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What makes for successful product page content?

Side of an old apartment building with a classic Coca Cola advert on it

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Why read this? : We look at what’s involved in creating great product page content. Learn how to build on the basics of product name, information and images. We review examples of successful product pages in different e-Commerce channels, with a focus on Coca-Cola. Read this to get on the right page about product page content.

Our how to get more sales online guide covers the 3 basics you need for product page content – the product name, the product description and product images.

But you usually need more than just the basics to drive sales. That’s why  this week we look at more advanced examples to see what we can learn from manufacturers and online retailers.

We look at what other content helps drive sales. And what you can learn from how product page content works in different online channels. 

A keynote page showing product page basics - product name, product information and product images

Let’s have a Coke … online

To help us compare product page content in different online channels, we wanted a product that’d be available in many different channels. 

We picked Coca-Cola because it’s widely available and has a reputation as an e-Commerce and digital marketing leader. It’s also an interesting brand from an e-Commerce planning point of view. 

First, because it’s a low value per purchase, a relatively heavy item and widely available. That mix of factors mean they focus more on selling through online retailers than direct-to-Consumer (D2C). (though you can find some wholesale options to buy Coke direct online). The delivery cost to send out a single can or bottle of Coke via D2C would be prohibitively high. 

We also know they employ dedicated e-Commerce teams who manage their presence with online retailers. They invest in the online channel. Not every brand does this. 

And finally, because it’s often an impulse driven purchase. Impulse is a hard need to satisfy online with physical products. You need the product to be stored in many places so it’s never far from the delivery location. And you need an order to delivery system which can quickly deliver the product. 

Impulse shopping online

Coca-Cola has to use a food delivery service like Uber Eats, or more local specialised delivery companies to be able to meet the impulse need.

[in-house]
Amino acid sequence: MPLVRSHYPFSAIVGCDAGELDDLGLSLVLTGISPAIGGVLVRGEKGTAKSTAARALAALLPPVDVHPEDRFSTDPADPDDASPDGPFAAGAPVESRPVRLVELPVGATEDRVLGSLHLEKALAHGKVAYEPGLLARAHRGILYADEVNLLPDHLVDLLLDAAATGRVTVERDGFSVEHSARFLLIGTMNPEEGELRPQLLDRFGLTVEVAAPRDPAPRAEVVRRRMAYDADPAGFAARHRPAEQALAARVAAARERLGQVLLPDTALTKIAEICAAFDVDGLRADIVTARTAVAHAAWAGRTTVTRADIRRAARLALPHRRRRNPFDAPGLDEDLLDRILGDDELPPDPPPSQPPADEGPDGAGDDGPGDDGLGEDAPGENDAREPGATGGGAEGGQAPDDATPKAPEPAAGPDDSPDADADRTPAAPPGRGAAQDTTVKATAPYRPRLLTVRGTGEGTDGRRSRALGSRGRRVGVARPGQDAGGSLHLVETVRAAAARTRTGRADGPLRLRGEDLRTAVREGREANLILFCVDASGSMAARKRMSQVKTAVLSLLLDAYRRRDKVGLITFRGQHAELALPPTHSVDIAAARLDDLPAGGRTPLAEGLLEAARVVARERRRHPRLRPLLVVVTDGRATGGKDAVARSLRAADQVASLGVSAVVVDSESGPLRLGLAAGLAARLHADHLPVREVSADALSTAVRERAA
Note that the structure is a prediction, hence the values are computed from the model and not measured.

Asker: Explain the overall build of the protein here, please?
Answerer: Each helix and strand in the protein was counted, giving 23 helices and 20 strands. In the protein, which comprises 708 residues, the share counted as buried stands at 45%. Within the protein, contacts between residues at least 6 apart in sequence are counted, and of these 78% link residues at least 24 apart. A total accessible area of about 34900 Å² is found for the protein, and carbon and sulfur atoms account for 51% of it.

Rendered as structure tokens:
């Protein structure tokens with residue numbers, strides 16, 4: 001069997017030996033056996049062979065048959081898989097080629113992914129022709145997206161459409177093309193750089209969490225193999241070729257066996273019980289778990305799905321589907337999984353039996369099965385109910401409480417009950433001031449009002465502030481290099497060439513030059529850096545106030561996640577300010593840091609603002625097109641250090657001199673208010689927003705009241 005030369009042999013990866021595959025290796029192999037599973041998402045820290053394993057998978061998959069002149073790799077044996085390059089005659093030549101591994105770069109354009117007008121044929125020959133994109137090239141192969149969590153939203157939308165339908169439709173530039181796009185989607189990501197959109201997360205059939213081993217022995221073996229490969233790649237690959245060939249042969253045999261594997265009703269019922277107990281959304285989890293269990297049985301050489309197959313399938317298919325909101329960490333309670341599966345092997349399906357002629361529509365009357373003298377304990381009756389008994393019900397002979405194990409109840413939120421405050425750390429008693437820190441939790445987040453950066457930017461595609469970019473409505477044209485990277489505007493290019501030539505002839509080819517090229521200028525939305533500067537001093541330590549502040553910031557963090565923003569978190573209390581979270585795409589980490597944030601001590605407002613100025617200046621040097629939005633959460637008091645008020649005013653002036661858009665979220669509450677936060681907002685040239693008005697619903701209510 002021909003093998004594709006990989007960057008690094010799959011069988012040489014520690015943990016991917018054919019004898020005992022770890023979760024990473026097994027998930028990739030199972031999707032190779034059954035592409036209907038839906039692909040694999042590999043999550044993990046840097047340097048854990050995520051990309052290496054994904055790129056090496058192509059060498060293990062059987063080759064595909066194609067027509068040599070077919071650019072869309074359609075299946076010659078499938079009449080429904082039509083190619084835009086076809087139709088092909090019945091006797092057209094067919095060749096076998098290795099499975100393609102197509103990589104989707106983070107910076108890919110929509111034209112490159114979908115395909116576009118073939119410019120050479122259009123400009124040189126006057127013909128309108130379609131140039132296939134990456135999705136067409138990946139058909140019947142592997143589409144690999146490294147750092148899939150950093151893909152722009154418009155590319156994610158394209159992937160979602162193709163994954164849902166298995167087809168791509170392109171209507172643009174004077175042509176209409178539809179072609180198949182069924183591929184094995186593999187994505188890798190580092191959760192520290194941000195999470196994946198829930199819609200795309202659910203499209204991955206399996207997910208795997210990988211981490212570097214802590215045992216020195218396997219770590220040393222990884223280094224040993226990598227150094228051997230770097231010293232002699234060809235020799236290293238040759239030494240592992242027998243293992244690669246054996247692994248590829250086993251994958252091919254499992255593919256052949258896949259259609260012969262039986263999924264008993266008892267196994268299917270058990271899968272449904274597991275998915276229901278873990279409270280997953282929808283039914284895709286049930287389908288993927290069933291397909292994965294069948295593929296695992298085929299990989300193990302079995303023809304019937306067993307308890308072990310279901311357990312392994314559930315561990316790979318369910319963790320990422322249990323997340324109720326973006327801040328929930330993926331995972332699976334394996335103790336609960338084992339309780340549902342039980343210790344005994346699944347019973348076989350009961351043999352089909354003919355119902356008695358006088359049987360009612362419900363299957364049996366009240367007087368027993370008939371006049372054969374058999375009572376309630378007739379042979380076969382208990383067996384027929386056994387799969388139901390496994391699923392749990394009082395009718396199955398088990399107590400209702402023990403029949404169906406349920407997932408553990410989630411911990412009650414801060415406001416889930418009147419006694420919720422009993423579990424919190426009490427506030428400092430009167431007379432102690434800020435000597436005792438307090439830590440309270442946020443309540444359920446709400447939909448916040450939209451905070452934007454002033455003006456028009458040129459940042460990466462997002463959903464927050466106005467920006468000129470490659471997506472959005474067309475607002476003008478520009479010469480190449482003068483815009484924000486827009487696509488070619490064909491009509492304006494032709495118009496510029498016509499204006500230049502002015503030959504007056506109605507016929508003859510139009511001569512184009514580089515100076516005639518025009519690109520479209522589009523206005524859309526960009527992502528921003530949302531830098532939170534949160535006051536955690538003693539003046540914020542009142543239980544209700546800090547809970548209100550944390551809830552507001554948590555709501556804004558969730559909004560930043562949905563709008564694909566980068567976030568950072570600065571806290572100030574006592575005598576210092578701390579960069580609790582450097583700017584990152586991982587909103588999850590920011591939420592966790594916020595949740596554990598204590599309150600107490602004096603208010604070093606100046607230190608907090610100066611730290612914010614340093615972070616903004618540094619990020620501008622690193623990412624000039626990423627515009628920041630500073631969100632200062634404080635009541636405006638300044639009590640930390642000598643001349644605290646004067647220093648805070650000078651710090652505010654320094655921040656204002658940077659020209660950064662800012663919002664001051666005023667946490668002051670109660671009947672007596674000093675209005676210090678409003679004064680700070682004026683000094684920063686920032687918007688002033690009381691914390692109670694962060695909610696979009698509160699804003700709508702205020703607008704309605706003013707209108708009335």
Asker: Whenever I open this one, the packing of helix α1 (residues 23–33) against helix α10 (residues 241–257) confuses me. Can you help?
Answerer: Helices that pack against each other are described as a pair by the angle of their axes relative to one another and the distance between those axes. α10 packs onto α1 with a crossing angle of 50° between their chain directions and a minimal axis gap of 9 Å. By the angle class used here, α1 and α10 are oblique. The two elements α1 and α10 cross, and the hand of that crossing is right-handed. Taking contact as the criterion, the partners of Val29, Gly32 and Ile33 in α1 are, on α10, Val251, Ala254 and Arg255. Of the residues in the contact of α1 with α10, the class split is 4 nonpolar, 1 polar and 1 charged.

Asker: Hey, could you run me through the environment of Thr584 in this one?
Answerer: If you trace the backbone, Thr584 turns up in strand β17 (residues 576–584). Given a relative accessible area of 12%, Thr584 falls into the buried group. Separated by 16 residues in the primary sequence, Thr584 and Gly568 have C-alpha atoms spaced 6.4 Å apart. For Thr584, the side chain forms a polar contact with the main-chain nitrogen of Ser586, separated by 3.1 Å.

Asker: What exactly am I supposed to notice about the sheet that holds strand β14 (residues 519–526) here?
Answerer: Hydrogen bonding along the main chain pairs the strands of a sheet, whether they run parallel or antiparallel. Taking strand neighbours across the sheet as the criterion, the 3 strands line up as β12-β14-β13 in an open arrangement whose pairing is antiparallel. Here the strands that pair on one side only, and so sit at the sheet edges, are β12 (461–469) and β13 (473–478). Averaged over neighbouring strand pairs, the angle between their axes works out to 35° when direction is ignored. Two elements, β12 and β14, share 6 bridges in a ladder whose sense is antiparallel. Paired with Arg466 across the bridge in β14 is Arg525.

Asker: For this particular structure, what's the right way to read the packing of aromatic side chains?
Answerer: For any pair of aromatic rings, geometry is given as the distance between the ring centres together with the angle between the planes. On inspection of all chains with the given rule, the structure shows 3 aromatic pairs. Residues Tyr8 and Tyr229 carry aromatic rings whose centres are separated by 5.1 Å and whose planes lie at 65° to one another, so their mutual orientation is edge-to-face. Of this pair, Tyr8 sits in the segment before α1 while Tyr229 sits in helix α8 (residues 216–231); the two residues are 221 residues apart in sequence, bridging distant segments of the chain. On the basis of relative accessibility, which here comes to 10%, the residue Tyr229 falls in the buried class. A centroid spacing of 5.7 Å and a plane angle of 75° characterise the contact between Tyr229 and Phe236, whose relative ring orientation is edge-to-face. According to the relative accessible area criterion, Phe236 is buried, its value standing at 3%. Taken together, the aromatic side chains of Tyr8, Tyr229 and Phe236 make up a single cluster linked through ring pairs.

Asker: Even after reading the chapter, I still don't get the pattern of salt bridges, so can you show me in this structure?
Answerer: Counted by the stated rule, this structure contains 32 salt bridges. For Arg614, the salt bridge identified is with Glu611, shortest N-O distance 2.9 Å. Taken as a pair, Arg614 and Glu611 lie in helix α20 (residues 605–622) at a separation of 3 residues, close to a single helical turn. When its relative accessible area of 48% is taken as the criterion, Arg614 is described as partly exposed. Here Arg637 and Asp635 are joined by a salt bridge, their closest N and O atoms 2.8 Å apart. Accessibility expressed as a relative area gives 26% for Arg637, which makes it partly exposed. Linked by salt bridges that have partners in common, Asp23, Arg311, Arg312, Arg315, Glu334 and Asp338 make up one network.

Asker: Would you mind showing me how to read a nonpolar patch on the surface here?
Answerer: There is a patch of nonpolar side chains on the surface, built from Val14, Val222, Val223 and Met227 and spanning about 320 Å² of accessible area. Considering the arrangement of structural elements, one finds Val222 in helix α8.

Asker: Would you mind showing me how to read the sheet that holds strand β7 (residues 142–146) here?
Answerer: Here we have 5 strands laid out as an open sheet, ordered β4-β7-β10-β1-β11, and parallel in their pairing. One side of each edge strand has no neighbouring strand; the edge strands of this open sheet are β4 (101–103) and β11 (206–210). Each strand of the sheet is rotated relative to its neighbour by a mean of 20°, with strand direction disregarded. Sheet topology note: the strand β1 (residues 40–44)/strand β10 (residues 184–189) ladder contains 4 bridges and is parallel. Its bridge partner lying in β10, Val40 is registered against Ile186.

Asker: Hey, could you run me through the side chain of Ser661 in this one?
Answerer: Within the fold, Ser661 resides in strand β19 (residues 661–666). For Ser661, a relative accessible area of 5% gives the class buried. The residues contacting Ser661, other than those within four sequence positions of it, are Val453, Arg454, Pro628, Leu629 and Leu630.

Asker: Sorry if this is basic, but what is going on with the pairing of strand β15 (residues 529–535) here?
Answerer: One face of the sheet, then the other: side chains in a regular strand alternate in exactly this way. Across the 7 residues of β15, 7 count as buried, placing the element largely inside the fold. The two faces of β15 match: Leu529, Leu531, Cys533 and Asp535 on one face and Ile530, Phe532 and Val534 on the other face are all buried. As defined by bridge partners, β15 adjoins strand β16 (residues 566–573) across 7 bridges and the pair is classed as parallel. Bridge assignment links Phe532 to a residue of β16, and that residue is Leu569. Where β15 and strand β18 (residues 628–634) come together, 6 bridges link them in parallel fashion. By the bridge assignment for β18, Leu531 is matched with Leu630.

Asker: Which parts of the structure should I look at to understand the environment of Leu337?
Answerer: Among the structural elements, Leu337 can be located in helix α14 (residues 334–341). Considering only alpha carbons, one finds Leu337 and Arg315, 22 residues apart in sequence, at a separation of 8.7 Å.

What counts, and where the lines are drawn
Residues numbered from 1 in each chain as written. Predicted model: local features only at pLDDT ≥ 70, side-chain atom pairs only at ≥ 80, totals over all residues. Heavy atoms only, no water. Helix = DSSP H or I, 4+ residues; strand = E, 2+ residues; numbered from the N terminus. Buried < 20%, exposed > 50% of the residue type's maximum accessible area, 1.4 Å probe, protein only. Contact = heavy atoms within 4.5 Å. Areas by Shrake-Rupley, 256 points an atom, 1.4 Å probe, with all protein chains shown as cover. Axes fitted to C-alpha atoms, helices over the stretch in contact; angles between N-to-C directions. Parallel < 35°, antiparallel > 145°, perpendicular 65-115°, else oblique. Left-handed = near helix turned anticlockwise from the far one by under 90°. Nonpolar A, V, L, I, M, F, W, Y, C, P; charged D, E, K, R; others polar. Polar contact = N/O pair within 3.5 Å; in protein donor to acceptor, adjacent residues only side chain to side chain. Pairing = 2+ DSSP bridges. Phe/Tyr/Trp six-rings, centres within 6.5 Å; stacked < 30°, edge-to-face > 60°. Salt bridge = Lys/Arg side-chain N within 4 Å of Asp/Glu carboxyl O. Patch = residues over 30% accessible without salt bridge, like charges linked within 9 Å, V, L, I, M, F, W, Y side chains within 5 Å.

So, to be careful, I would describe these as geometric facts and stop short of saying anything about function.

On Uber Eats, you can only satisfy an impulse need for Coca-Cola by ordering it from restaurants. You need to order food with your Coke. 

So you get your Coke from places like Pizza Hut, Subway or Hungry Jacks.

But if you want Coke without food, then you need to try somewhere else. 

Uber eats - Coca Cola options including Pizza Hut and Hungry Jacks

In Sydney, we’d use a delivery specialist service like Jimmy Brings. (see our e-Commerce competitive strategies article for more on how Jimmy Brings works). 

They mainly focus on alcohol, but will also deliver mixers like Coca-Cola and others.

But their range is small. They only offer 2 Coke products. And both are bottles. No cans. 

Jimmy Brings - Coca Cola options

In fact you could say, they no can do Coke cans. (sorry, couldn’t resist!).

We’re sure Jimmy Brings only include Coca-Cola as a convenience for their customers. With only 2 products listed, it’s clearly not a big part of their business. In both cases, the products are only listed with the bare minimum of information needed. They don’t have their own product page content on any of these impulse sites. For that, we need to shop elsewhere.

Grocery shopping online

Which brings us to a more likely scenario for buying Coca-Cola online. And that’s as part of your grocery shop. This is about regular, probably weekly, purchases, and keeping a stock in the fridge. Let’s look at the 3 main options if you decided you want to buy Coke online, with a focus on what the product page content looks like and says.

Coca-Cola on Woolworths

Well, the first good news with Coke on the Woolworths site is there’s the imagery, brand name and product descriptor right up front. 

In fact, there’s 5 images you can choose from.

The first 3 are simple pack shots of the front, side and top of pack. Then, there’s an image of the nutrient label and a single lifestyle image of a customer holding the can. Note, here you can order cans. 

But what else have they included?

Woolworths Coca-Cola product page

Click on the link and scroll down the page. There, you’ll find ingredients, allergen, nutritional information and product warnings. Plus a big disclaimer and a selection of Also Viewed / Also Bought products.

And that’s about it. 

Coca-Cola on Coles

If we look at the same pack in Coles, the first thing which jumps out is the price difference. There’s a whopping $14.60 saving as the product was on special when we visited the site.